It’s been an interesting year has 2020 first with Brexit, then came COVID-19 which led to the inevitable boom in online meetings and leadership training on Zoom.

When COVID-19 arrived on our shores is caused unprecedented challenges in our home, work and leisure lives. For some businesses it has presented opportunity, for others it has advanced their progression to an already planned online offering and for some, it has sadly been the start of their demise.

But one thing we all have in common is distance. Whether we are pivoting online, networking or quizzing with our families, online meeting platforms have never been busier.

I have tried many different platforms for various things but my personal go-to is without a doubt Zoom. For a very affordable tenner per month, I receive a platform that cleverly enables me to run my now fully home-based business effectively and host our bi-weekly family quizzes, offering me easy set-up and use, connection via my desktop or mobile device (which proved very useful for days out over the summer) and the use of breakout rooms (which I have to confess only having used for the family quiz!).

 

But how secure is your Zoom meeting?

Like everything data protection-related, a little aforethought and common sense goes a long way, and this is no exception. Here are my 7 top tips for secure and compliant online meetings:

  1. Video conferencing for business

Whilst business versions of communication platforms will be suitable for both business and personal use, the same may not always be said for consumer-grade or unlicensed software which is not likely to provide the same security standards.

 

  1. Opt for EU providers

You may also want to consider, where your participants are; the data protection laws in North America are not the same as they are in the UK. Online communication platforms that are based in the European Economic Area will be subject to the stringent provisions of the GDPR. If the platform of your choice is not, it will need to have adequate provisions to safeguard data.

 

  1. Do your due diligence

An online communications platform is a data processor to your business. Do your due diligence and make sure you have a Data Processing Agreement in place that meets the contractual requirements of Article 28 of the GDPR.

Getting this is likely to be easier than you think and if it’s not already available online (as with the larger providers), you will receive one on request.

 

  1. Involve the relevant stakeholders

If you have a Data Protection Officer, involve them in the selection process.

Also remember your obligations to put in place appropriate technical and organisational measures to protect individuals’ rights. This involves thinking about the issues in advance of the implementation. Think about end-to-end encryption, where necessary, using your own personal meeting ID’s and password protecting meetings.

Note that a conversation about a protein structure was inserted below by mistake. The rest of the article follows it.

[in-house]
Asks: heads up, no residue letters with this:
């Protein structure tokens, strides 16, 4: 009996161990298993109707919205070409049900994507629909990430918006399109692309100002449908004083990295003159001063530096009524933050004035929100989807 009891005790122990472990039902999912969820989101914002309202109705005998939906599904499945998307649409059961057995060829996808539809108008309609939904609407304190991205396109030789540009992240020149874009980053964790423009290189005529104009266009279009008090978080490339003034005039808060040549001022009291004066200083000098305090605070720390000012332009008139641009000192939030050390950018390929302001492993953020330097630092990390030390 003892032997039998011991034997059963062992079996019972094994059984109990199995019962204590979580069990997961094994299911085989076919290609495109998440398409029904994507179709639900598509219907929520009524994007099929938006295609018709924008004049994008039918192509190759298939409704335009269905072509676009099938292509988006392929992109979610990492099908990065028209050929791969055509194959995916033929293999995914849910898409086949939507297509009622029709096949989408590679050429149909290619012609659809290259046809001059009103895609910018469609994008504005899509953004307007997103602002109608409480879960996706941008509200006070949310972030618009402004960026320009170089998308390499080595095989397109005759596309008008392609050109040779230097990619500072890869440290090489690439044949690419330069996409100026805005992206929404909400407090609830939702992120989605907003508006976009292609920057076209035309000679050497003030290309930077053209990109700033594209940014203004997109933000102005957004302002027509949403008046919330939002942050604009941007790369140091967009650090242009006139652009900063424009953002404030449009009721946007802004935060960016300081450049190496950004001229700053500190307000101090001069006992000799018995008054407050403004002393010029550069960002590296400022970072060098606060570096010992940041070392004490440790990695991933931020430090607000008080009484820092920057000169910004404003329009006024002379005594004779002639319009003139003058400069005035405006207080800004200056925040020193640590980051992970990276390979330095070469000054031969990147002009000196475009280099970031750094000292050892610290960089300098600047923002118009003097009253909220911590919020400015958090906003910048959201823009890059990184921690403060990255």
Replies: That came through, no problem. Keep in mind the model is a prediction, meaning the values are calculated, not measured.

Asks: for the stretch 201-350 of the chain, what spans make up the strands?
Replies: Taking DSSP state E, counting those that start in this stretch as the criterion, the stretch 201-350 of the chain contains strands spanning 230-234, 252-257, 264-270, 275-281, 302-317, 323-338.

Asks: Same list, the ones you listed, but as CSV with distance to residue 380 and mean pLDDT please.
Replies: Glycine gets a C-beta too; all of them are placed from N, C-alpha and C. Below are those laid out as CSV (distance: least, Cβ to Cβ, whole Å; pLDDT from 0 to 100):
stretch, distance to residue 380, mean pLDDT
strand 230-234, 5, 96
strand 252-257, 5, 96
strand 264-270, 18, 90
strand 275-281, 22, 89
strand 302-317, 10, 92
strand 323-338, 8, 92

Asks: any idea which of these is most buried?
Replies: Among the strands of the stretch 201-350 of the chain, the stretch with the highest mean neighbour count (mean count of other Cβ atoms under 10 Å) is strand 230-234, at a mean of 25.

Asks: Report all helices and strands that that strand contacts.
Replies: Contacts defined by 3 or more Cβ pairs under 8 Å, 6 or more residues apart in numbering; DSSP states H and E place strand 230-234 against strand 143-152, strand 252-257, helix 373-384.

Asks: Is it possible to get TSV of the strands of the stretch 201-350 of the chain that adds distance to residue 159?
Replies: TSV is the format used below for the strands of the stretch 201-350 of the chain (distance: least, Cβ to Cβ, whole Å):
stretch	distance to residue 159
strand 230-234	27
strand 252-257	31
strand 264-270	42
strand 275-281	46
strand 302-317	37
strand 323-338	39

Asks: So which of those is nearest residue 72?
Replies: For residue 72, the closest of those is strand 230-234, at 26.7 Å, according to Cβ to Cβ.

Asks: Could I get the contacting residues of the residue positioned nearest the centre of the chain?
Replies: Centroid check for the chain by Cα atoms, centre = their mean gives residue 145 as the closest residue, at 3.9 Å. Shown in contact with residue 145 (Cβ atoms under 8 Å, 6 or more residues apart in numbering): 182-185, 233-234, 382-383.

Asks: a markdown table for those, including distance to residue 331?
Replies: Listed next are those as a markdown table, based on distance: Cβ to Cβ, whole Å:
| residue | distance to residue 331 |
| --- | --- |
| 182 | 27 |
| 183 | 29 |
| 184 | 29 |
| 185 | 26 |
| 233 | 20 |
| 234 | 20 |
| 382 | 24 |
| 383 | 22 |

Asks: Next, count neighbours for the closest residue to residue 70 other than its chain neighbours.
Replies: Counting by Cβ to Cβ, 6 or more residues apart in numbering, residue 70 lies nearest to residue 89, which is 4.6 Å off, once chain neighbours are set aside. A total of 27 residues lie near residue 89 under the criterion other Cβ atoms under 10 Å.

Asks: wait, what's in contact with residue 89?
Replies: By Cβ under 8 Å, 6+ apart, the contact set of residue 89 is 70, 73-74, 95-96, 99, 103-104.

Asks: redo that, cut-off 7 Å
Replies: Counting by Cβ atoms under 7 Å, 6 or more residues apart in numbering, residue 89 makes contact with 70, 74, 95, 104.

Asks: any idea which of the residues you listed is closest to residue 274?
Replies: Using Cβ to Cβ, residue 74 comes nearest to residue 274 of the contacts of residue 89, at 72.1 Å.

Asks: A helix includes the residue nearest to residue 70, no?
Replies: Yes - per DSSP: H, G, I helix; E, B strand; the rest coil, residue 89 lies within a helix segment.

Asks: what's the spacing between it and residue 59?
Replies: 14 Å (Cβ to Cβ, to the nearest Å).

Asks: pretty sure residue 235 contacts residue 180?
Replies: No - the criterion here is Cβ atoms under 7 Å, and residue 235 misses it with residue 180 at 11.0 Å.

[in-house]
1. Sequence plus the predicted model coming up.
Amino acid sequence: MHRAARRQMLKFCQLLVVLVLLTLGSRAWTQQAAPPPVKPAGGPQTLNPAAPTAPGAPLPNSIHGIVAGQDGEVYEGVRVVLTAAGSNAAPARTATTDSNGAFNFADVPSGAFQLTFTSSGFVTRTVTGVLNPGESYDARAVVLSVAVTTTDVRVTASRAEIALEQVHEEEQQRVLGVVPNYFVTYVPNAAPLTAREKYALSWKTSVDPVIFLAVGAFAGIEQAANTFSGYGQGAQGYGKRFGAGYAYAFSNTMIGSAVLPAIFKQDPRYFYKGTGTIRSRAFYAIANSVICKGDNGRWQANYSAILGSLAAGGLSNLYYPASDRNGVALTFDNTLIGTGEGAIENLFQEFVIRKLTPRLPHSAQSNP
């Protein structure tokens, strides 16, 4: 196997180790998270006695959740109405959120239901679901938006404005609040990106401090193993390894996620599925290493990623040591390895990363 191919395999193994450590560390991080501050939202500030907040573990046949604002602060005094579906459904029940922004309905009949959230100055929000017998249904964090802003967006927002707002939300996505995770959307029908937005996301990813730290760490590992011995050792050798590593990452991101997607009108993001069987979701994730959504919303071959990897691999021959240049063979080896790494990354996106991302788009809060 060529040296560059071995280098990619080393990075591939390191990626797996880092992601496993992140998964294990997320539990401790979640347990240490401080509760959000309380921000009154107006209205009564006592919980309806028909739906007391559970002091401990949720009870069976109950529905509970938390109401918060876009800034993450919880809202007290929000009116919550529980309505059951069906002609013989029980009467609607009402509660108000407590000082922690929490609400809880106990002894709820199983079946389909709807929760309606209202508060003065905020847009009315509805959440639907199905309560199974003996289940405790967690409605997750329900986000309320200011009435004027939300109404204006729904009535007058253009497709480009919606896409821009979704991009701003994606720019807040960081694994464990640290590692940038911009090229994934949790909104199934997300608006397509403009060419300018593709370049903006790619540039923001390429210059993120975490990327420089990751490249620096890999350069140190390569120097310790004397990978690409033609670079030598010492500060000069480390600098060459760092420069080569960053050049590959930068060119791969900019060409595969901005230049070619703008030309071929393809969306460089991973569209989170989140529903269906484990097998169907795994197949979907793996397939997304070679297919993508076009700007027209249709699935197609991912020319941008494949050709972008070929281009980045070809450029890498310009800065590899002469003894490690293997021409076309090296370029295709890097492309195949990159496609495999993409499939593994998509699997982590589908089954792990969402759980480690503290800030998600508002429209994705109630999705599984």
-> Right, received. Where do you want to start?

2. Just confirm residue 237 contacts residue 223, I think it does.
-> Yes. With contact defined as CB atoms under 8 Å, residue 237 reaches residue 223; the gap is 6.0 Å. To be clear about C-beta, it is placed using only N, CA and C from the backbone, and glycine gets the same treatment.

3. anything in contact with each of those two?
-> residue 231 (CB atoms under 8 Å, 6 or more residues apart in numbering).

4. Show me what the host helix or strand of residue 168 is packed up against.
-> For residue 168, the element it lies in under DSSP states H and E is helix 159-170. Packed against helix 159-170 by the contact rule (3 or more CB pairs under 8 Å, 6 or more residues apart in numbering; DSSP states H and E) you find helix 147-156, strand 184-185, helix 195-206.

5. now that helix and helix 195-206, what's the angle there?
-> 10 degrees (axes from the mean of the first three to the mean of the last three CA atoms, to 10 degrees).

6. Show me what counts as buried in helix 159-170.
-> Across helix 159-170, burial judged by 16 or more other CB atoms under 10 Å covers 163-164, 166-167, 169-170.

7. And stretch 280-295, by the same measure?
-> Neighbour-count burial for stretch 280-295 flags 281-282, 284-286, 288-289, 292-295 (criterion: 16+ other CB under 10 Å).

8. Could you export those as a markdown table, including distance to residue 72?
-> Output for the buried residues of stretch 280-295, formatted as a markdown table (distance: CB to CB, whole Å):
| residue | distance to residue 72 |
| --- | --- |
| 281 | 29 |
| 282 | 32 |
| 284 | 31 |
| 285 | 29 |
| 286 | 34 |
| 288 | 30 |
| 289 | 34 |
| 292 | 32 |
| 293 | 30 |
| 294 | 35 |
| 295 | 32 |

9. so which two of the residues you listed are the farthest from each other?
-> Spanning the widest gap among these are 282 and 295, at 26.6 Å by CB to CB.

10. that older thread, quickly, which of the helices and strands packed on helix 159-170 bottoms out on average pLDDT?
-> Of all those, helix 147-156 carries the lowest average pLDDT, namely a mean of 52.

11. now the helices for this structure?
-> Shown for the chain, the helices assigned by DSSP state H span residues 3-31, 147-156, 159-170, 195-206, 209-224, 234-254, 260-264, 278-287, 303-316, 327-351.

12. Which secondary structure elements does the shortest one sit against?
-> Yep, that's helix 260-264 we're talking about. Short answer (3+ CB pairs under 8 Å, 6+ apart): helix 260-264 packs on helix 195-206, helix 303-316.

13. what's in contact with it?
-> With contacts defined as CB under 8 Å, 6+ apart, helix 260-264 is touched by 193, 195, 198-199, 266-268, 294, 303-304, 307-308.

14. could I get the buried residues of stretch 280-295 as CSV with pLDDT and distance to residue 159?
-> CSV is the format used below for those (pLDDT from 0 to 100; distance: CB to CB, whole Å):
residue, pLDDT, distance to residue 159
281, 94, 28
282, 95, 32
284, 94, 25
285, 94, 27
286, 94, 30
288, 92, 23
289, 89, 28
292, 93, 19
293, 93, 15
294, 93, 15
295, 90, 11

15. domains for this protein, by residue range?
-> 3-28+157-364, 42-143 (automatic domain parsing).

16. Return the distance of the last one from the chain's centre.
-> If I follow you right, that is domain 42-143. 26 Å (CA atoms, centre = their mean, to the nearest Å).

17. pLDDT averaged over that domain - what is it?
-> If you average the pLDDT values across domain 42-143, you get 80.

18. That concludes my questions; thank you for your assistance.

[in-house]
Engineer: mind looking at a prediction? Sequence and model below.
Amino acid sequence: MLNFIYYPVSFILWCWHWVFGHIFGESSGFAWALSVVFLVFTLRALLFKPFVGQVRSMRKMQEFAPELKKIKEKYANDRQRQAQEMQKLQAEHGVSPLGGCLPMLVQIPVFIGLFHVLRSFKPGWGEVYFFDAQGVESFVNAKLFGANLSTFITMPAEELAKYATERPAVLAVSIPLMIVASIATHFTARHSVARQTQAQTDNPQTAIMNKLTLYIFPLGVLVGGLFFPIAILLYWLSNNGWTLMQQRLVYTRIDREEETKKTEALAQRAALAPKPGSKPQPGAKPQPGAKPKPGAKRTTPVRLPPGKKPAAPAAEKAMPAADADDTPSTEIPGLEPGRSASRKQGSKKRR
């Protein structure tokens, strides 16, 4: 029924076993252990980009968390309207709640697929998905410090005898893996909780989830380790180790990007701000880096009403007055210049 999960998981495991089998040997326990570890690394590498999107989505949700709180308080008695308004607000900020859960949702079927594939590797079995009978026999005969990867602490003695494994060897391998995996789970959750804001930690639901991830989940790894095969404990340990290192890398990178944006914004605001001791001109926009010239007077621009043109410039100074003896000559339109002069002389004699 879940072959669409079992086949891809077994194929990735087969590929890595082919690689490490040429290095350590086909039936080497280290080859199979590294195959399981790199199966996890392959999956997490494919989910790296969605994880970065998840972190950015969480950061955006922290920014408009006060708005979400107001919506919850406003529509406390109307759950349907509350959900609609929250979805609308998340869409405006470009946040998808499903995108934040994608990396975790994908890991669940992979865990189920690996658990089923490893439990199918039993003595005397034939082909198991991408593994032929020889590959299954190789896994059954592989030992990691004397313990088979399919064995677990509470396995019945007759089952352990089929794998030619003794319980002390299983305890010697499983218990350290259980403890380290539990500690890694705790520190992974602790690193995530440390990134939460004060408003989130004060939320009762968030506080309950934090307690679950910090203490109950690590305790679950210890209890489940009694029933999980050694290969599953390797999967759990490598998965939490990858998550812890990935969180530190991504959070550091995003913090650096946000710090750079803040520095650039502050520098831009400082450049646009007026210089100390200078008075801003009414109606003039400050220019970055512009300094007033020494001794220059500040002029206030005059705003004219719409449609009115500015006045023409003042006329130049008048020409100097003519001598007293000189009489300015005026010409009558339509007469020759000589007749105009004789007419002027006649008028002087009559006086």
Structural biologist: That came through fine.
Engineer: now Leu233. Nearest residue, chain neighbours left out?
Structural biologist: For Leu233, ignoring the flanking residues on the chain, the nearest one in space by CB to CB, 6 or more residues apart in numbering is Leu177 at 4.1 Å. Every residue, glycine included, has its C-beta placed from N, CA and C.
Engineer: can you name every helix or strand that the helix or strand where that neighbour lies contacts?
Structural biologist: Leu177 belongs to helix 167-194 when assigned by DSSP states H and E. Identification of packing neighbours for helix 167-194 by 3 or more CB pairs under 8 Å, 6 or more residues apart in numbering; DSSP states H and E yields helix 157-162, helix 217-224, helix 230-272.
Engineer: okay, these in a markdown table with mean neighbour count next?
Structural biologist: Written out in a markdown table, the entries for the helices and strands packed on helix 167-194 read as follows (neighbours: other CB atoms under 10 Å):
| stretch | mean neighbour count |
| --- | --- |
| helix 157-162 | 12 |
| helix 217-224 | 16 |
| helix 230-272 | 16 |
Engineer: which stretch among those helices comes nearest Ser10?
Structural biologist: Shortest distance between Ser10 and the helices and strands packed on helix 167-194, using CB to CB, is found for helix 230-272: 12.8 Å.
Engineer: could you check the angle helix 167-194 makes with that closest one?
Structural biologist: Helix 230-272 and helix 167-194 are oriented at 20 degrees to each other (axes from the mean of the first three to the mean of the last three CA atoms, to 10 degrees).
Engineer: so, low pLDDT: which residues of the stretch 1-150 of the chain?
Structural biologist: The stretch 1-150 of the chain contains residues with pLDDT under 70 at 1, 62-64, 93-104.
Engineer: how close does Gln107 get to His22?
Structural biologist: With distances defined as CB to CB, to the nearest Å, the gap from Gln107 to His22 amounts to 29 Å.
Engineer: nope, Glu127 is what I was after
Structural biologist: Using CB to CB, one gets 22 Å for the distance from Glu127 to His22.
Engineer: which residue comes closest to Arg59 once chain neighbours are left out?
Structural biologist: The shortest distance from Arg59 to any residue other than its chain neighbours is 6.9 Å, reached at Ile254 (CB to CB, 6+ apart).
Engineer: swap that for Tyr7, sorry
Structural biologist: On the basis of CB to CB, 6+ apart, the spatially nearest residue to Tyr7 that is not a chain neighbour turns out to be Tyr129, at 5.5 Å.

Also, make full use of the virtual waiting rooms provided by many platforms which gives you control over admitting participants and keeping unwanted participants out.

 

  1. Use the user tools

Make full use of the tools available on your chosen platform and manually adjust settings to suit your needs. If you are planning to use tracking, observation, logging, screen-sharing and recording functions, you should always ask whether it is necessary to use these functions. And remember, tell participants that you will be using these functions. You can do this in advance in your invitation.

 

  1. Screen Sharing

Keep screen sharing to a minimum and if you are hosting the meeting, ensure you disable screen sharing until/if required. Don’t put yourself through a rebellious participant sharing a screen not relevant to your meeting, or worse!

If you are screen sharing, also remember to close down all other applications before your meeting. You don’t want to be sharing client data in a meeting with 100 participants.

 

  1. Train your team

Think about incorporating the use of online communication platform into your internal handbooks, policies and processes and, more importantly, train your employees on what can and can’t be shared using the platform. Exchanging documents that contain confidential information should be avoided and remember not to exchange personally identifiable information using the chat function.

 

No doubt, like most of the population you have not even given Zoom safety a second thought. But don’t be fooled into thinking that your online meetings fall outside the scope of your obligations under privacy and data protection laws.

We currently offer management and leadership training on Zoom, ensuring the highest level of safety for each programme. View our leadership and management programmes and learn more about our virtual programmes here.

Join us today and upskill ready for 2021!

 

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